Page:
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The Lycian Way

Until the 1950s, the only way to reach the Lycian coast was by boat or via bone-rattling trips through the mountains in antiquated motor vehicles. Even the main roads today date only from the 1970s, which is why this was the perfect place to establish Turkey's first and most famous long-distance trekking route, the Lycian Way.

The footpath, marked by red-and-white painted blazes, runs along the sea for 530 km (331miles), following ancient Roman roads, and sometimes clambering up barely visible goat tracks to peaks that rise nearly 6,500 feet at Mt. Tahtalı (one of the many high mountains known in antiquity as Mt. Olympos). Upsides include breathtaking views, innumerable ancient ruins, and a chance to accept hospitality in villages little touched by tourism or time. The downside is that backpacks can be heavy and hills steep; and while most of the path is well marked, finding the trail can occasionally be difficult. If you lose it, go back to the last marker you saw—they’re positioned 45 to 90 meters (50 to 100 yards) apart—and try again. Despite government support, the track has no legal status and is subject to adjustments due to road building, landslides, and fencing by landowners.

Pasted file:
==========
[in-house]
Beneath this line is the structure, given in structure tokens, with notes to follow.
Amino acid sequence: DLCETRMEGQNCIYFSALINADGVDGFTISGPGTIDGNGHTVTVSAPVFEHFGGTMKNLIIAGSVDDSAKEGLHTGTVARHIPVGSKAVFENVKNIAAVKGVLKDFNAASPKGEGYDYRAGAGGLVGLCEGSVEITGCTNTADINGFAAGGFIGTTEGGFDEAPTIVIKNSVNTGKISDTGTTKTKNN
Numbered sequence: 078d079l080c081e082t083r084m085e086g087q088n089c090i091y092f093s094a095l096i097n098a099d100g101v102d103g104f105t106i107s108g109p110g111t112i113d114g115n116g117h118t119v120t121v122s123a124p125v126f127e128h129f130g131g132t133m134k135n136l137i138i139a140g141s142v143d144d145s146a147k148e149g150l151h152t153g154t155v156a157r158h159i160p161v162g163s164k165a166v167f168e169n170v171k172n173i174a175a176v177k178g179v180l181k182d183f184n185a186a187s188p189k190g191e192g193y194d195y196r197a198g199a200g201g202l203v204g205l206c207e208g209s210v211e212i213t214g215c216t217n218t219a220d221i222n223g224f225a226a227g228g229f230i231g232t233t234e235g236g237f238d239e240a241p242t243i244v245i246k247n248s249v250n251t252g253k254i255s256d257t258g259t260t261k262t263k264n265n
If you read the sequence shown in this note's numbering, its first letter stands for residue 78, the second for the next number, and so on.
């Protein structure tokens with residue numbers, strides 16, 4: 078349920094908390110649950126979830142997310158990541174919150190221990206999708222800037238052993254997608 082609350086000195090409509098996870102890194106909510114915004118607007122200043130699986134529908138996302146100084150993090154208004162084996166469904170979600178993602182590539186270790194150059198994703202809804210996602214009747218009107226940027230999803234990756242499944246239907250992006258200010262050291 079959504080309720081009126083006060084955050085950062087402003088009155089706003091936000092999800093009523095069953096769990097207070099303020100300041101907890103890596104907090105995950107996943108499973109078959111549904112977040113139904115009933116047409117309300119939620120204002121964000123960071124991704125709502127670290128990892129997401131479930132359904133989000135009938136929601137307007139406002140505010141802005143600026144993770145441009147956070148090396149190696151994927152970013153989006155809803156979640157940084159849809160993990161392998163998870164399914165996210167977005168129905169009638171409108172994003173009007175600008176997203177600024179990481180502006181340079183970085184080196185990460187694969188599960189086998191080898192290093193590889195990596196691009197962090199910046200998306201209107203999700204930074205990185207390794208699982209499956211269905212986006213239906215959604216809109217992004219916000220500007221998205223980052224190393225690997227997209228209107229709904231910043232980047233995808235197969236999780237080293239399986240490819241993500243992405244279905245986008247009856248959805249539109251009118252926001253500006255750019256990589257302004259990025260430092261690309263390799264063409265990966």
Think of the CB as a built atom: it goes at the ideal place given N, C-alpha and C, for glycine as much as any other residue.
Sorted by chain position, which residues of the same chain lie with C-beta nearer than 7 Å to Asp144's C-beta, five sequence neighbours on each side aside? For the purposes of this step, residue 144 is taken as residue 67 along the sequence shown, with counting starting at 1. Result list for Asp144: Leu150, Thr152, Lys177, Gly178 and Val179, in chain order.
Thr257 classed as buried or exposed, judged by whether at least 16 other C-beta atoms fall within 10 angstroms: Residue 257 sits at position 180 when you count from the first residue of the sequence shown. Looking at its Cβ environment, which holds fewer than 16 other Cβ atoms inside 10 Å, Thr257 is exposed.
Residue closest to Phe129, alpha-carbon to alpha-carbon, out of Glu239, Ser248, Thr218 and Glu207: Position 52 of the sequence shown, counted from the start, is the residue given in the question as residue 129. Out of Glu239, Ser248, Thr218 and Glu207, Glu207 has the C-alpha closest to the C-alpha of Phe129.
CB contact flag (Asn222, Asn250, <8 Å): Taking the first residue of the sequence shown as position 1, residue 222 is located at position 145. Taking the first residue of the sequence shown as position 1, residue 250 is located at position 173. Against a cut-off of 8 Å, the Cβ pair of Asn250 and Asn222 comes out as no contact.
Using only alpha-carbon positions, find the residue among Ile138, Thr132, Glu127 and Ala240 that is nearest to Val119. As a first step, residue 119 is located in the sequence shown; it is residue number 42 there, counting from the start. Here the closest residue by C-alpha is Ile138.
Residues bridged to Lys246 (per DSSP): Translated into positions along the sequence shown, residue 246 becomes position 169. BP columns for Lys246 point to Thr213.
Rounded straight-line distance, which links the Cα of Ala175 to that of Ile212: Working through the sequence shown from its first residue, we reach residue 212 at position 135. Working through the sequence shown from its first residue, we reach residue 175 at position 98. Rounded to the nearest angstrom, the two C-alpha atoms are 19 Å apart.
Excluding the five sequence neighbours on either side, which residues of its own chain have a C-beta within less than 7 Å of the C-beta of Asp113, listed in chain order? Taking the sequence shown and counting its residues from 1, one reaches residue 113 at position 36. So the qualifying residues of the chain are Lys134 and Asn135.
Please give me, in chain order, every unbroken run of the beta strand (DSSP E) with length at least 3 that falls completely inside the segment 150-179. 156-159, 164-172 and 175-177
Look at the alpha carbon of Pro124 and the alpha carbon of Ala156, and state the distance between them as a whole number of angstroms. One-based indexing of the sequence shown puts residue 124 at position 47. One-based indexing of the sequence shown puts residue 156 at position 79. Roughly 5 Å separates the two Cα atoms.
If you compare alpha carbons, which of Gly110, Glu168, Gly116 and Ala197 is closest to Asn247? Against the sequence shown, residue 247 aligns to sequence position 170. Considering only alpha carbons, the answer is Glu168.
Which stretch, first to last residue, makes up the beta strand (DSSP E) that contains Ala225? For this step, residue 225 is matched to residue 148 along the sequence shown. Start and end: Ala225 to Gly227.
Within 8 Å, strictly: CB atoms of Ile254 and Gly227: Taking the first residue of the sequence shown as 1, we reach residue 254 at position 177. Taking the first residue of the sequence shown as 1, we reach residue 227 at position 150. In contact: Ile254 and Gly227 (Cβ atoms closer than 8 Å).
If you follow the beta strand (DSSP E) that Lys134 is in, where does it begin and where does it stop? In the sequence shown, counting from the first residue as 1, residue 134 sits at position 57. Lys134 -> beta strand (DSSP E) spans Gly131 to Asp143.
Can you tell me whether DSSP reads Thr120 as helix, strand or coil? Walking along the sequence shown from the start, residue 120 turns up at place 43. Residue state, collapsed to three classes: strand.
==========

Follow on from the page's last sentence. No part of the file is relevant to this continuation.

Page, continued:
It would take a month to walk the Lycian Way from end to end, but there’s a lot you can do without a tent. Because the trail crosses many towns and highways, it's easy to break up into day hikes, and you can cover about half of it while staying in pansiyons that have sprung up along the way. Kate Clow, the Englishwoman who first designed and mapped the Lycian Way in 2000, recommends several popular walks near Olympos in her book The Lycian Way (the route’s only guide and a source of good maps). The website www.lycianway.com provides updates and satellite grid references.

Middle Earth Travel. As a trekking agent and mule organizer, Clow recommends Middle Earth Travel. The company runs excursions on the Lycian Way and St. Paul's Way, as well as Cappadocia, the Kaçkars, and Mt Ararat. Gaferli Mah., Cevizler Sokak 20, Göreme, Nevşehir, 50180. 384/271–2559 or. www.middleearthtravel.com.

The best times to walk are spring, when days are long and wildflowers are out, and autumn, when the seawater is warm and the weather cooler. Summer is too hot; in winter there may be some perfect days, but the weather is not reliable enough to make advanced plans.

Updated: 2014-04-03

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